Chasing the Dragon

NOTE: The following is the short fiction story that jointly won the TGS Nobel Prize in Literature, which I wrote in early December and is my first jab at fiction writing. The style is emulating Gabriel Garcia Marquez, which was the requirement for an English assignment. It follows Jaka Jakac, a Slovenian addicted to Opium, living on the streets after...actually, just read for yourself, I don't want to spoil it. (FYI, the Chao Po is like the Thai Mafia and Est is basically a cheap Thai cola.) Enjoy, and I would grateful of any and all feedback.

He lay calmly for what seemed like an eternity that went by in an instant, hyper aware but not knowing what was going on, his head feeling fuzzy, numb and carefree. He was in a state of pure perfect pleasure, and pulsating orgasms weaved their way through his head, his chest, his arms, his legs and reached his awaiting toes. The poppy started to wear off, his head became clearer, his thoughts started racing back to him and he regained the feeling in his feet. Then the pain of the last 2 days, 2 weeks, 2 years resettled, like a perfect marriage, the euphoria of love replaced by the suffering, problems and dissatisfaction, and he let his tired ears listen to the metallic crackling as he let his tired fingers reach out for the tinfoil, he ignored the coffee table of arranged mess, with it's bottle of Est! Cola spilt on the pile of half written letters and postcards to family and friends of times past. He curved the foil and lit up his problem and solution with a lighter, half-empty and the lettering of red and yellow peeling off like layers of low self-esteem, inhaling slowly and exhaling even slower, he breathed out the smoke so that it traversed the dents and rises of the tin-foil lackadaisacally. Feeling his temples fill up with the smoke of dreamy beatitude, he recalled why Wan-Ung-Karn, the elderly Thai who had been so kind as to sell him some magic, called it ไล่ มังกร, or Chasing The Dragon.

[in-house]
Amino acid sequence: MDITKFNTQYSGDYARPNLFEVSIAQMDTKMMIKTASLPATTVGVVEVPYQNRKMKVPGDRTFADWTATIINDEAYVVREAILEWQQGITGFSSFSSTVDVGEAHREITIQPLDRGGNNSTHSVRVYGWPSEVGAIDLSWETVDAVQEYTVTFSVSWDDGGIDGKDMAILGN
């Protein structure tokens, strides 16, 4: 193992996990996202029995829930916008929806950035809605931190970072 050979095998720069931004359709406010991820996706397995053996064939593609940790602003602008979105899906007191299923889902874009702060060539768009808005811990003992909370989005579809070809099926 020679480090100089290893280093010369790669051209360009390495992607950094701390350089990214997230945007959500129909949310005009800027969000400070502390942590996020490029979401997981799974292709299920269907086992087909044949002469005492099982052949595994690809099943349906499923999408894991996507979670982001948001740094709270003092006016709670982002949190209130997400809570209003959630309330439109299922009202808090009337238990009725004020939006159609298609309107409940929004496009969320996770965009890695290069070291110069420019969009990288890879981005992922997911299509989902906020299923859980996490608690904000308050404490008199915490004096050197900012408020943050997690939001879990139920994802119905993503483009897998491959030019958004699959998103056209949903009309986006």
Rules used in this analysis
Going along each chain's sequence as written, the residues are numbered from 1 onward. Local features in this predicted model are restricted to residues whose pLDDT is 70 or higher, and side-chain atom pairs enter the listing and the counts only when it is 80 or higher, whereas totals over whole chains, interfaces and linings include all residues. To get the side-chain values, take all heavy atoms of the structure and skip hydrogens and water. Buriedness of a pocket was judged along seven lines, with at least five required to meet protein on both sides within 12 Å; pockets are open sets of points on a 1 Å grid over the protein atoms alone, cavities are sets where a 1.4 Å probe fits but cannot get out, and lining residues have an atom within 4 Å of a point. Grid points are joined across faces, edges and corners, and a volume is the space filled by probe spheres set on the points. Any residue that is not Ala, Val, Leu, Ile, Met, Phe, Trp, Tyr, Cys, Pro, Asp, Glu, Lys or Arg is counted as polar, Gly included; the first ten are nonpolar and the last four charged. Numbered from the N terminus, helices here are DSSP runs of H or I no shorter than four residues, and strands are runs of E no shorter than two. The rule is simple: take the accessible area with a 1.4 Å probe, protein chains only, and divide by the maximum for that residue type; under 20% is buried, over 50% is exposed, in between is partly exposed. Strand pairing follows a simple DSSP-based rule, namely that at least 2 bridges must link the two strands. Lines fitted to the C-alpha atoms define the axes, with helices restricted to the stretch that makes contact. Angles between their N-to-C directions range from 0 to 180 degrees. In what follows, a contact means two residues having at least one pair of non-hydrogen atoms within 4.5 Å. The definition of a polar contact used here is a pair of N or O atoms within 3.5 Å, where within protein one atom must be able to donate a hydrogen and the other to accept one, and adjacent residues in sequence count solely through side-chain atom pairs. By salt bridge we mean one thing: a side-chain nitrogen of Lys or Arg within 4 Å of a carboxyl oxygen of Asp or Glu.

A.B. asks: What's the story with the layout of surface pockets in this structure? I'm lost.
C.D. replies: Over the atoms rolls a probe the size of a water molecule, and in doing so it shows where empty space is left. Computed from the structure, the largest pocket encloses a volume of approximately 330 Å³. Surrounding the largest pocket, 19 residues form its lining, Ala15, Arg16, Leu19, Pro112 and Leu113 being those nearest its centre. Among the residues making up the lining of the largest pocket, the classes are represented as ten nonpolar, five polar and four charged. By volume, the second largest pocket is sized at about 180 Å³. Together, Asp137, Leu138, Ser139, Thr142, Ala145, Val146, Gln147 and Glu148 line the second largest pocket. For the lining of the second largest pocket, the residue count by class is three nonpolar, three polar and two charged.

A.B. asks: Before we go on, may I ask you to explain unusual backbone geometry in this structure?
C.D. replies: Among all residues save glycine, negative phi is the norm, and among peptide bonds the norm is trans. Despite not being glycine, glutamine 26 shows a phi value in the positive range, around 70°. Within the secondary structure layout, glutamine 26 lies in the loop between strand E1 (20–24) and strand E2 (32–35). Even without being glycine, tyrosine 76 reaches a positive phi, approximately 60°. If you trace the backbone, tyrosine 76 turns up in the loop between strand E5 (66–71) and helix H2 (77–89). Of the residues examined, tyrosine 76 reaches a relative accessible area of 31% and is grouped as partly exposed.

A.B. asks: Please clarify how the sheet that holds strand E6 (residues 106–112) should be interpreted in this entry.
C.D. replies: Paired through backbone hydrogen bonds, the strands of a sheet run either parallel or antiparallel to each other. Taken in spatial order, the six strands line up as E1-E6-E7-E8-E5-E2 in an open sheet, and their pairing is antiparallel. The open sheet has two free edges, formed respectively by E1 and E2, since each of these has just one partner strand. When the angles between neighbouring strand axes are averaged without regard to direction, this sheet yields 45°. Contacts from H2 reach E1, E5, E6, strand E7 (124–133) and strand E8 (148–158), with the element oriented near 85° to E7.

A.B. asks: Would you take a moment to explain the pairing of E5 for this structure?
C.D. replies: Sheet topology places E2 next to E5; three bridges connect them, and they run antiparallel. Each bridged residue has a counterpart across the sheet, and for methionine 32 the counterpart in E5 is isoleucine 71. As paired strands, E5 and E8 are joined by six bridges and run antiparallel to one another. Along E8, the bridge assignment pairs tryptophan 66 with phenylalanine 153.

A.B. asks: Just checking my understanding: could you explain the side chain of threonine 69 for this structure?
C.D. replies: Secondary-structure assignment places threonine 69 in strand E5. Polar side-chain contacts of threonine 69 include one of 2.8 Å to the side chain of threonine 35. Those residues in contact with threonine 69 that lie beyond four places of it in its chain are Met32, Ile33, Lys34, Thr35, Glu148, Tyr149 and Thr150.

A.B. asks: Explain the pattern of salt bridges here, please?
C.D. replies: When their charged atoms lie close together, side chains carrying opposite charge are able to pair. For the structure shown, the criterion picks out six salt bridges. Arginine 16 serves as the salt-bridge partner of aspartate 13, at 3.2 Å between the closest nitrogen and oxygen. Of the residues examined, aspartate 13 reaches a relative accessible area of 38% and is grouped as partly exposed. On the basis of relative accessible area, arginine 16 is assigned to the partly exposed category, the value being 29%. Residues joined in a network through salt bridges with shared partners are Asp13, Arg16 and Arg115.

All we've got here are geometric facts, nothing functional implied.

His name was Jaka Jakac. He had become addicted to opium seven months prior, convinced into trying a harmless amount by his fragmented heart, as a second-best to the kisses of his girlfriend  which he missed so much, all because of one chaotic, turbulent night. He was one of seven Slovenians who had come to Thailand in their gap year, escaping the Slovenian Januaries of bitter, harsh cold finding its way through every window, door and rafter, to experience the postcard beaches, the spicy food, and the cheap, cheap beer. After one hot night mid-March, Jakac stumbled through the narrow streets of Bangkok, confronted bad luck in the form of the Chao Po, and woke up with mud up to his thighs and in his fine hair, surrounded by the thin blades of green that epitomise the agricultural industry of Southeast Asia. He lacked his wallet, keys and phone, the three items that could bring him back home, and had gained three items in his shoulder, all of them knives, and so he turned to pickpocketing for money and turned to opium after giving up on any hopes that he would see Agata and Slovenia’s sweet, bittersweet cold ever again.


He was declared dead in August, although the streets of Bangkok know otherwise.